Of flights and farms

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Felicidad Orchard and Garden Organics owner James Fos Reamon with ATI's partner bloggers.

ATI's partner bloggers pause to take a photo of the featured plants at Felicidad Orchard and Garden Organics as owner James Fos Reamon gives them a tour.

In his yellow polo shirt and khaki pants, James Fos Reamon welcomed us to Felicidad Orchard and Garden Organics with a look that was both expectant and apologetic, excited yet harried. He was just about to put the finishing touches in the newly built rooms, he said, which would later become our home for two nights when we visited in June 2019.

As we gathered around him to shake his hands and introduce ourselves, he took a minute to pause and find his composure. It was getting dark and it looked like there was still work to do, but Sir James did not pass on the chance to talk about his exploits in the world of agriculture.

A balanced ecosystem

With over 10 years of experience in farming, Sir James has maximized the potential of sunlight, air, water, and soil to grow food. With the help of his wife, Gilda, and his farm aides, he has managed to make all these elements work in harmony to transform his three-hectare farm land into the haven that it is now.

Right by the gate, a garden of herbs, spices, and vegetables is ready to greet visitors, along with an aquaponics structure situated like a piece of art that’s meant to start conversation. Sitting at the center is a towering “Gizelle Windmill” which he built to support the water distribution system in the farm.

Within the modest confines of ‘Felicidad’ are also cultivation areas for azolla, salvinia, and duckweed which are mixed into fertilizers and animal feeds. The organic black rice field, furthermore, benefits from a well-designed irrigation system and surrounded by ducks, pigs, cattle, and chickens that all take shade from rows of fruit trees, ornamentals, and exotic plants that are too many to count or name.

It is one balanced ecosystem, indeed. “Our parents had owned this 12-hectare land and then my siblings and I eventually decided to divide it among ourselves. I cultivated my share of the plot using organic methods,” Sir James shared.

One can only ponder on where all the plants in the farm had come from—something that truly speaks of the resourcefulness of Sir James and Gilda. There are these interesting stories about the Vietnamese “upo”, the African tulip, and that lavender plant from France.

Sir James has embraced all these resources like divine gifts. Add the constant support from various government institutions and he could not be any more grateful. At present, Felicidad Orchard and Garden Organics in General Santos City serves as a School for Practical Agriculture of the Agricultural Training Institute and a Farm Tourism Site of the Department of Tourism—the first ever in Region XII. It was also set to become a Farm School at the time of our visit, something that Sir James was excited about.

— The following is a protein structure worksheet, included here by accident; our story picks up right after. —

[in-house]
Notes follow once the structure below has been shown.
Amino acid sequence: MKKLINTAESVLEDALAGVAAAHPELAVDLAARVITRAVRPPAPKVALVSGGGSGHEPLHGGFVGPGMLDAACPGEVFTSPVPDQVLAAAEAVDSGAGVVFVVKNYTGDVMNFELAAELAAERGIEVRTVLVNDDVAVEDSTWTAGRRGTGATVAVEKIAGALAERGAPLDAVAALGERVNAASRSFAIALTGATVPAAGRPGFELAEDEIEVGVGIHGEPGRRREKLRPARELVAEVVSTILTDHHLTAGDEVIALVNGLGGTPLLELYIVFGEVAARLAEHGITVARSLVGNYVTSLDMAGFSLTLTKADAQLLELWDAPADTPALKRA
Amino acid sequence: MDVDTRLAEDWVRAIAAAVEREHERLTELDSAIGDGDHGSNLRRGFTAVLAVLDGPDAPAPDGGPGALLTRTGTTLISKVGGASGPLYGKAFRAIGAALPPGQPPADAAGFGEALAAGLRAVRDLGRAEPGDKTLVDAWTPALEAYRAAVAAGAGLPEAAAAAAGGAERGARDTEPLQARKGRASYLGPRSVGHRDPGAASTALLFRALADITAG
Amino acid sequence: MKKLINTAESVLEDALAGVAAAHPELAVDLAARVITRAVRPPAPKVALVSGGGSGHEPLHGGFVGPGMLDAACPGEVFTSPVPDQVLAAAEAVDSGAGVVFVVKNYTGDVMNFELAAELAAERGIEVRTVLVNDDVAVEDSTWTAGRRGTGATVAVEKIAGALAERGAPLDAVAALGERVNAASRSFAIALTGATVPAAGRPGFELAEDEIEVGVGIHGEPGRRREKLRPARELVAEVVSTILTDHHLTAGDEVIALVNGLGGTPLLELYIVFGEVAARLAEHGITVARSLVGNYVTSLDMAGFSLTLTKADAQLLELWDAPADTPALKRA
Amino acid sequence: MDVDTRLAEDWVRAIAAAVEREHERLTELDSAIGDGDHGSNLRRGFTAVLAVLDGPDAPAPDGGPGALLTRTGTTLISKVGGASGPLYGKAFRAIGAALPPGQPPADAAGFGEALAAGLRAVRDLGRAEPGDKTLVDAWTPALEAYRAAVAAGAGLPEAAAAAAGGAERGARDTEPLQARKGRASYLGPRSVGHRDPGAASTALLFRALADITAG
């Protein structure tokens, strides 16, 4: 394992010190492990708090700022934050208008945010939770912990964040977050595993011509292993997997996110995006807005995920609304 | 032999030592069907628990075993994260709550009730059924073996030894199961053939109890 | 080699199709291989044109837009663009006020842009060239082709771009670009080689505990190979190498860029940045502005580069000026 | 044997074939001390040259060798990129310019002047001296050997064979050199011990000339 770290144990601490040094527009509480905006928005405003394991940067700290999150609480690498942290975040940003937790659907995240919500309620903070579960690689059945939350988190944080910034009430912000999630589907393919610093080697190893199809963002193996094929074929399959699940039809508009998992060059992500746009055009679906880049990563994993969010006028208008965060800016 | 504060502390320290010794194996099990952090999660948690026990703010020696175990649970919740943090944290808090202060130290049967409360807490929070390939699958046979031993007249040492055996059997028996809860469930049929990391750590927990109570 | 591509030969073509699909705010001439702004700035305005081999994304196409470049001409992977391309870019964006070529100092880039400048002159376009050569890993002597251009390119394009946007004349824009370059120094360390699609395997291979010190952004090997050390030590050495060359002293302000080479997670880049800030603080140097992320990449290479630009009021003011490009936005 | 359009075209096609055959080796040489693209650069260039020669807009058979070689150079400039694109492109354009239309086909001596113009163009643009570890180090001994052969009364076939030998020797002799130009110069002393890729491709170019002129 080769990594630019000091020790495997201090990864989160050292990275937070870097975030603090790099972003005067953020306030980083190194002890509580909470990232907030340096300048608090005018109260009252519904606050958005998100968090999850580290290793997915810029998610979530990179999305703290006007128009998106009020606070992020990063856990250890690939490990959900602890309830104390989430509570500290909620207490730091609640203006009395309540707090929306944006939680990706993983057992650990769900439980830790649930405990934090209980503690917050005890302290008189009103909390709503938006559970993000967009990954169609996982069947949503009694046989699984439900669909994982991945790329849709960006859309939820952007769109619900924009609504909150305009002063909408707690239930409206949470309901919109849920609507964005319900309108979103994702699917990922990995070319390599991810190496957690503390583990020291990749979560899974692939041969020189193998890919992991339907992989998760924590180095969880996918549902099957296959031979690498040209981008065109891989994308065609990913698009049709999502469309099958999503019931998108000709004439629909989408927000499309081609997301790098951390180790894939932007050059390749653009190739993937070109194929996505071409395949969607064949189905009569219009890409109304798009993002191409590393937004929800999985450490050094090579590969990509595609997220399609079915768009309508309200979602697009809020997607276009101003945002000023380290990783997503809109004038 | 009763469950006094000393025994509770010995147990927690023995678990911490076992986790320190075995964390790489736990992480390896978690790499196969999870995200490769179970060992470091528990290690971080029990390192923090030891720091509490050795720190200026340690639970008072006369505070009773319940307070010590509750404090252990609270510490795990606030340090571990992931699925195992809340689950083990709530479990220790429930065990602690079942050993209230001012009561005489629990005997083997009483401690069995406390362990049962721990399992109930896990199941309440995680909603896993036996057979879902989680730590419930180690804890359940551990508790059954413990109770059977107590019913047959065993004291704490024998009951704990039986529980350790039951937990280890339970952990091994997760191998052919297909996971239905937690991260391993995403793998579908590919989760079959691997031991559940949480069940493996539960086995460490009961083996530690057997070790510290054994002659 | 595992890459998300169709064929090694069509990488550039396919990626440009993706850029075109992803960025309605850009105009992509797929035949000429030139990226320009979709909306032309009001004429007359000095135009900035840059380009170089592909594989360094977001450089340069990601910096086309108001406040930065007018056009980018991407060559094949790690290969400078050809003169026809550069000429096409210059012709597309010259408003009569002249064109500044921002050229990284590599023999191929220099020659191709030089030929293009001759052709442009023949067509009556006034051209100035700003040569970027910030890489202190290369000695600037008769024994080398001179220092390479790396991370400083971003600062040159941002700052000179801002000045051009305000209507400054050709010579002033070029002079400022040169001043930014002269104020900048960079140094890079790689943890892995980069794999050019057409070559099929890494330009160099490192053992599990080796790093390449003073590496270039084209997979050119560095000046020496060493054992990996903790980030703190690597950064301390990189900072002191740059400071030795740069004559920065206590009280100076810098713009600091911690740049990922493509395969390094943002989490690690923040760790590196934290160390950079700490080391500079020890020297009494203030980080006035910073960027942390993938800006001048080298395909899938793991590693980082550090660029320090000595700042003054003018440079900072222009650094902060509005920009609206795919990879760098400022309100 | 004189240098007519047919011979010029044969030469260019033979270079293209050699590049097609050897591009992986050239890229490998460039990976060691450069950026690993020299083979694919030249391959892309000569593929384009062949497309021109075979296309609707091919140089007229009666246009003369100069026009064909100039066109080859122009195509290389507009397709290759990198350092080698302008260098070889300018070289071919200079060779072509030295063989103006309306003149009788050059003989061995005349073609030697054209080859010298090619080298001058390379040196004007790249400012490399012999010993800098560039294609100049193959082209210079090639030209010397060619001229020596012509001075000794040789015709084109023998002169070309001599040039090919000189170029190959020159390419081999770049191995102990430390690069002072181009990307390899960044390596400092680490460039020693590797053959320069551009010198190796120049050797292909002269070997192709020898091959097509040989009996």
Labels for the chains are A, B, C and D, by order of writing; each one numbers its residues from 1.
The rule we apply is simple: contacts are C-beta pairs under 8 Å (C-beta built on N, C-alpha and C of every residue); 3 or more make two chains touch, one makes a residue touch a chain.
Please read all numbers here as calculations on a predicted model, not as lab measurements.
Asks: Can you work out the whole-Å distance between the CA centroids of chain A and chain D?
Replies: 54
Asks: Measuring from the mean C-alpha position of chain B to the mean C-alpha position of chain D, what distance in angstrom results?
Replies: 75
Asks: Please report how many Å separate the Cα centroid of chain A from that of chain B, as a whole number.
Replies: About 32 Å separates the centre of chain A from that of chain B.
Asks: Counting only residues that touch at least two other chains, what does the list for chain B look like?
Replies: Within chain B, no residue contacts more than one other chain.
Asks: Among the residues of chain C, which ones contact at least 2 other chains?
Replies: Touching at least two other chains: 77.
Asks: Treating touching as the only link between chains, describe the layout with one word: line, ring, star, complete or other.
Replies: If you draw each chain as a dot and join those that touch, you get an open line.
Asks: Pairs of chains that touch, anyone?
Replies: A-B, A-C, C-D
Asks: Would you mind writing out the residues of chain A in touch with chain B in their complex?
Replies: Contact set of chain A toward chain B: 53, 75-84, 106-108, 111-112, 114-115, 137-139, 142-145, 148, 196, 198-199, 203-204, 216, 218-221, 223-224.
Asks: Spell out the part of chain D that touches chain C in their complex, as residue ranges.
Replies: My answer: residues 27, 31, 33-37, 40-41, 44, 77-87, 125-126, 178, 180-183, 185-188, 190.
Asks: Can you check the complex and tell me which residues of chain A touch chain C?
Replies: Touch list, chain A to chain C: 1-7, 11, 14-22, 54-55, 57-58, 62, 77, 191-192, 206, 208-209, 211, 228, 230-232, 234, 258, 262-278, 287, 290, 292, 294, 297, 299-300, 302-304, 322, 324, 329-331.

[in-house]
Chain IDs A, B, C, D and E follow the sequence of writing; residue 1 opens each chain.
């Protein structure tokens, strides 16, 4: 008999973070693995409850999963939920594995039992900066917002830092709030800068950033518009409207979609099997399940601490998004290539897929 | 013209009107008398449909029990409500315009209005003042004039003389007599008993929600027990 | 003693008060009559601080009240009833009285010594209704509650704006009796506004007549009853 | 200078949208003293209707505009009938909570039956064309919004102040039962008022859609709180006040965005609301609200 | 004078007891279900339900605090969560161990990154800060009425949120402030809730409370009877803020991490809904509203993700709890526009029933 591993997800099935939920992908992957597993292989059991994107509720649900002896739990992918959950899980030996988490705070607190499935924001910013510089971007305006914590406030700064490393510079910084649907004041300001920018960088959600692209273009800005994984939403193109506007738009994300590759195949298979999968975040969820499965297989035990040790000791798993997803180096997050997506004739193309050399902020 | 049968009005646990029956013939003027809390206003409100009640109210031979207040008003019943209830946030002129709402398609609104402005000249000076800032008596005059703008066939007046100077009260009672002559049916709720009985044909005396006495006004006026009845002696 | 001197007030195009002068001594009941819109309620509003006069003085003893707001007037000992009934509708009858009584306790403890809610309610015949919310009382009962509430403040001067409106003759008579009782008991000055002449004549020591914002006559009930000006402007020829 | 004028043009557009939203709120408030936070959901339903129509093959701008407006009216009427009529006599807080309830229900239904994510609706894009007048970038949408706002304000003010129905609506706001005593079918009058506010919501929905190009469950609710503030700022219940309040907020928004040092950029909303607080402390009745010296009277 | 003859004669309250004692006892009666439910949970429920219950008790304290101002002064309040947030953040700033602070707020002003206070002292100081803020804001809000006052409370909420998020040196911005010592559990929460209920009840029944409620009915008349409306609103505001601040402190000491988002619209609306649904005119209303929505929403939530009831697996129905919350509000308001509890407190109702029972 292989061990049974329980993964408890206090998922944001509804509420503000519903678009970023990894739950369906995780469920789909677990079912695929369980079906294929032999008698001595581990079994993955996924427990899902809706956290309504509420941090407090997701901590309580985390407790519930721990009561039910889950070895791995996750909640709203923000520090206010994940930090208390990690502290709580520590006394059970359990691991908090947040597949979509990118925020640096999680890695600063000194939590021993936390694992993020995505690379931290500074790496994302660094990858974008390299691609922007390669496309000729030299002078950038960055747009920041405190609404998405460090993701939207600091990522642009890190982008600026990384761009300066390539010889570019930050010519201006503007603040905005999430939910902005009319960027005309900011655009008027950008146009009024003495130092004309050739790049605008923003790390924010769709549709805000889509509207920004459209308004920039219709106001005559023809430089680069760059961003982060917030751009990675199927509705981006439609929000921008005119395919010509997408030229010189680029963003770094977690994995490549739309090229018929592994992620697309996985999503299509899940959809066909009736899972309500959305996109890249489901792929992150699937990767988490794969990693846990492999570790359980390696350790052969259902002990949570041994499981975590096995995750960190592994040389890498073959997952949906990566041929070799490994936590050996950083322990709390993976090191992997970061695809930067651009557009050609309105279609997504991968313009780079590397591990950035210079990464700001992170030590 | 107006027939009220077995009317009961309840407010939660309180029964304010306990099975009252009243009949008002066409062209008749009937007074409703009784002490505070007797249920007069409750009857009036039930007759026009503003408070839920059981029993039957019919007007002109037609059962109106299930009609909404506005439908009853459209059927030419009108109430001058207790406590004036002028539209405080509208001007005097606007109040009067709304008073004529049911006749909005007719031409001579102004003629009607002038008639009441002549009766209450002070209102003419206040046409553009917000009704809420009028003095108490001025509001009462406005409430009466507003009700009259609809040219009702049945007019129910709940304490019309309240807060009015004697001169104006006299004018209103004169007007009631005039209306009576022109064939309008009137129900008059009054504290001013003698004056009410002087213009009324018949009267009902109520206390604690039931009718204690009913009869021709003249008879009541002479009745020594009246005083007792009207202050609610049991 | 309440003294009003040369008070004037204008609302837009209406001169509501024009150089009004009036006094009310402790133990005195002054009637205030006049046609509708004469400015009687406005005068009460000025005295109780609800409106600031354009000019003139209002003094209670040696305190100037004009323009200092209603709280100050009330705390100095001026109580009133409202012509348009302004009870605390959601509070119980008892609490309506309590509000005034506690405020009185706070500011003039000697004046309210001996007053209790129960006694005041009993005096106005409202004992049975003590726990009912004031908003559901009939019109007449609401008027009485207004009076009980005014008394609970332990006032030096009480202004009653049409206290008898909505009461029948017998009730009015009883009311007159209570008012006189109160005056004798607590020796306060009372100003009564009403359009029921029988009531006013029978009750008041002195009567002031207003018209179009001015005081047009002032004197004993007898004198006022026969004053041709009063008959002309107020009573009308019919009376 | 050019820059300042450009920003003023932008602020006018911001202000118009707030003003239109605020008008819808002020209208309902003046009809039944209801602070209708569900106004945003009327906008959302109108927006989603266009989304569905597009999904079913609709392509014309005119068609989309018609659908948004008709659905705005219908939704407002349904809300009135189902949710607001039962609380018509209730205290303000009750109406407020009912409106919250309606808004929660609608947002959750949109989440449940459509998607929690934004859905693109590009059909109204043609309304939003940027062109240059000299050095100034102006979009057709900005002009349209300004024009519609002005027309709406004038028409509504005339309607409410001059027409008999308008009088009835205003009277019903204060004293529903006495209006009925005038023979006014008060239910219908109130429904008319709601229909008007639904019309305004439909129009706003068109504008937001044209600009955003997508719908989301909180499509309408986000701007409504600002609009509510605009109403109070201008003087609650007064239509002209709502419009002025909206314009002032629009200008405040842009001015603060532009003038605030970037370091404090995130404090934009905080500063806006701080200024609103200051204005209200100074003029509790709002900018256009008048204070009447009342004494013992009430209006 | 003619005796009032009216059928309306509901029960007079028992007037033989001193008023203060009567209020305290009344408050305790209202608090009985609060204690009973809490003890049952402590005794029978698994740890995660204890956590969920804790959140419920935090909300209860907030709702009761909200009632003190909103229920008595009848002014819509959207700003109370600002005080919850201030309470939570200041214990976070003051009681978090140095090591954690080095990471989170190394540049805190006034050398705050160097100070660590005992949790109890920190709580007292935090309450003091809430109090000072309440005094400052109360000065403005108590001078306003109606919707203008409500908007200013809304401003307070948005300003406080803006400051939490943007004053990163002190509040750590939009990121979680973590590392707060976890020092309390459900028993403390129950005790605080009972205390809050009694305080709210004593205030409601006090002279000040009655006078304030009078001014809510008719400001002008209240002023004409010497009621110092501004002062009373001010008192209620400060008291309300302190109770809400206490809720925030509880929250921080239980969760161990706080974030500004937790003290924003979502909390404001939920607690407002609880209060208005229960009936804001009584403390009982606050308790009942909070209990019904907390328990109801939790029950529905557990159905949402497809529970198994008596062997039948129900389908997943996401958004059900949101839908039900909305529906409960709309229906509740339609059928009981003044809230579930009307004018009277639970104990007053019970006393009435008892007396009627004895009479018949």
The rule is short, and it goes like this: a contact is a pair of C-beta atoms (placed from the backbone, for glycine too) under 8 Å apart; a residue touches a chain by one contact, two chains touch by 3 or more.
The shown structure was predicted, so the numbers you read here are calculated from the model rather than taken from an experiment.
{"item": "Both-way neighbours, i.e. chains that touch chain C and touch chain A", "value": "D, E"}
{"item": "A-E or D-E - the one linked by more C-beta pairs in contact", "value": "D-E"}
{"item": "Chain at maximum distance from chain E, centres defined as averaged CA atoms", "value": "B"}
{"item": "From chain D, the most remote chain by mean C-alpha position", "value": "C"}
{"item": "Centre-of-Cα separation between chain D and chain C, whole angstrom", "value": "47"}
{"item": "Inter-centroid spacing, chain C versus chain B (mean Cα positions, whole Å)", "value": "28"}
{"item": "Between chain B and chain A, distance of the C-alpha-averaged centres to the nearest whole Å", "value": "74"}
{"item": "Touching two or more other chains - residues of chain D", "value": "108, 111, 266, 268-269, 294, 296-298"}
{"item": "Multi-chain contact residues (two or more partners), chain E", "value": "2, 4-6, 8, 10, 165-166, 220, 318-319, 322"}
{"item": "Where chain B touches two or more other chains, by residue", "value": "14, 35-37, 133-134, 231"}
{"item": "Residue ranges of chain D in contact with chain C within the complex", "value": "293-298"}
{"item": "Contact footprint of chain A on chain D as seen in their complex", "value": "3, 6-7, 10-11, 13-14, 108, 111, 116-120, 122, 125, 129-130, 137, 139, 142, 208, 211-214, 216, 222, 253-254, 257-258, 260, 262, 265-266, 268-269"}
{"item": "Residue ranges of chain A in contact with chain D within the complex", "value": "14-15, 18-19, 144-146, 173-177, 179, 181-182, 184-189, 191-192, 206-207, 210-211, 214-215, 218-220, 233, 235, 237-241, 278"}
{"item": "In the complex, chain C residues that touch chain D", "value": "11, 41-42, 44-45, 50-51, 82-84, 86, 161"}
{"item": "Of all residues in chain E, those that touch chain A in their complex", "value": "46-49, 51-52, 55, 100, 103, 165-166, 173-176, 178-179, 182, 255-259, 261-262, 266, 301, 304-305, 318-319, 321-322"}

“I started farming with the sole purpose of collecting plants and opening this place to children so I can teach them about organic agriculture,” he said.

A pilot’s journey

As an engineer, former commercial pilot, teacher, and farmer, Sir James’ brain is always on high gear. Because of his creativity and imagination, he has earned many awards locally and internationally, such as the national Invention of the Year and the World Intellectual Property Organization Gold Medal Award.

Sir James is also renowned for his vermiculture technology which he so generously showed us. Together with his farmhands, he taught us the importance of introducing nitrogen, phosphorous, and potassium through the soil to help plants thrive.

As a pilot for over 20 years, he has seen many parts of the world and has travelled thousands of miles across seas. In his heart, however, he knew that farming is what was going to land him the happiest times of his life—something the farm aptly embodies through its name. Sir James, now in his early sixties, has truly blazed the trail both up above and down here.

As we walked around the farm for an hour or two, the simple yet charming fortress of colors literally breathed life into the rich, expansive haven in our midst. We navigated our way through ‘Felicidad’, over its paved and grassy pathways—left, right, straight ahead. There was so much space to move around, yet it was packed with wonders that excited our senses at every turn. It is home away from home and, as I relaxed and let my mind rest, it felt like I, too, had found the perfect place to have that one peaceful day to breathe freely and commune with nature.

ATI Today

Extension services continue to evolve. With the challenges that extension workers and farmers face, the Agricultural Training Institute (ATI) continues to explore various strategies to improve its efforts as the extension and training arm of the Department of Agriculture. In over 30 years, the ATI has celebrated various successes and learned from the lessons during hard times. Nonetheless, we are proud to be standing the test of time through the support of our partners and the clientele themselves. This is the ATI Today, more committed to bring you extension services beyond boundaries.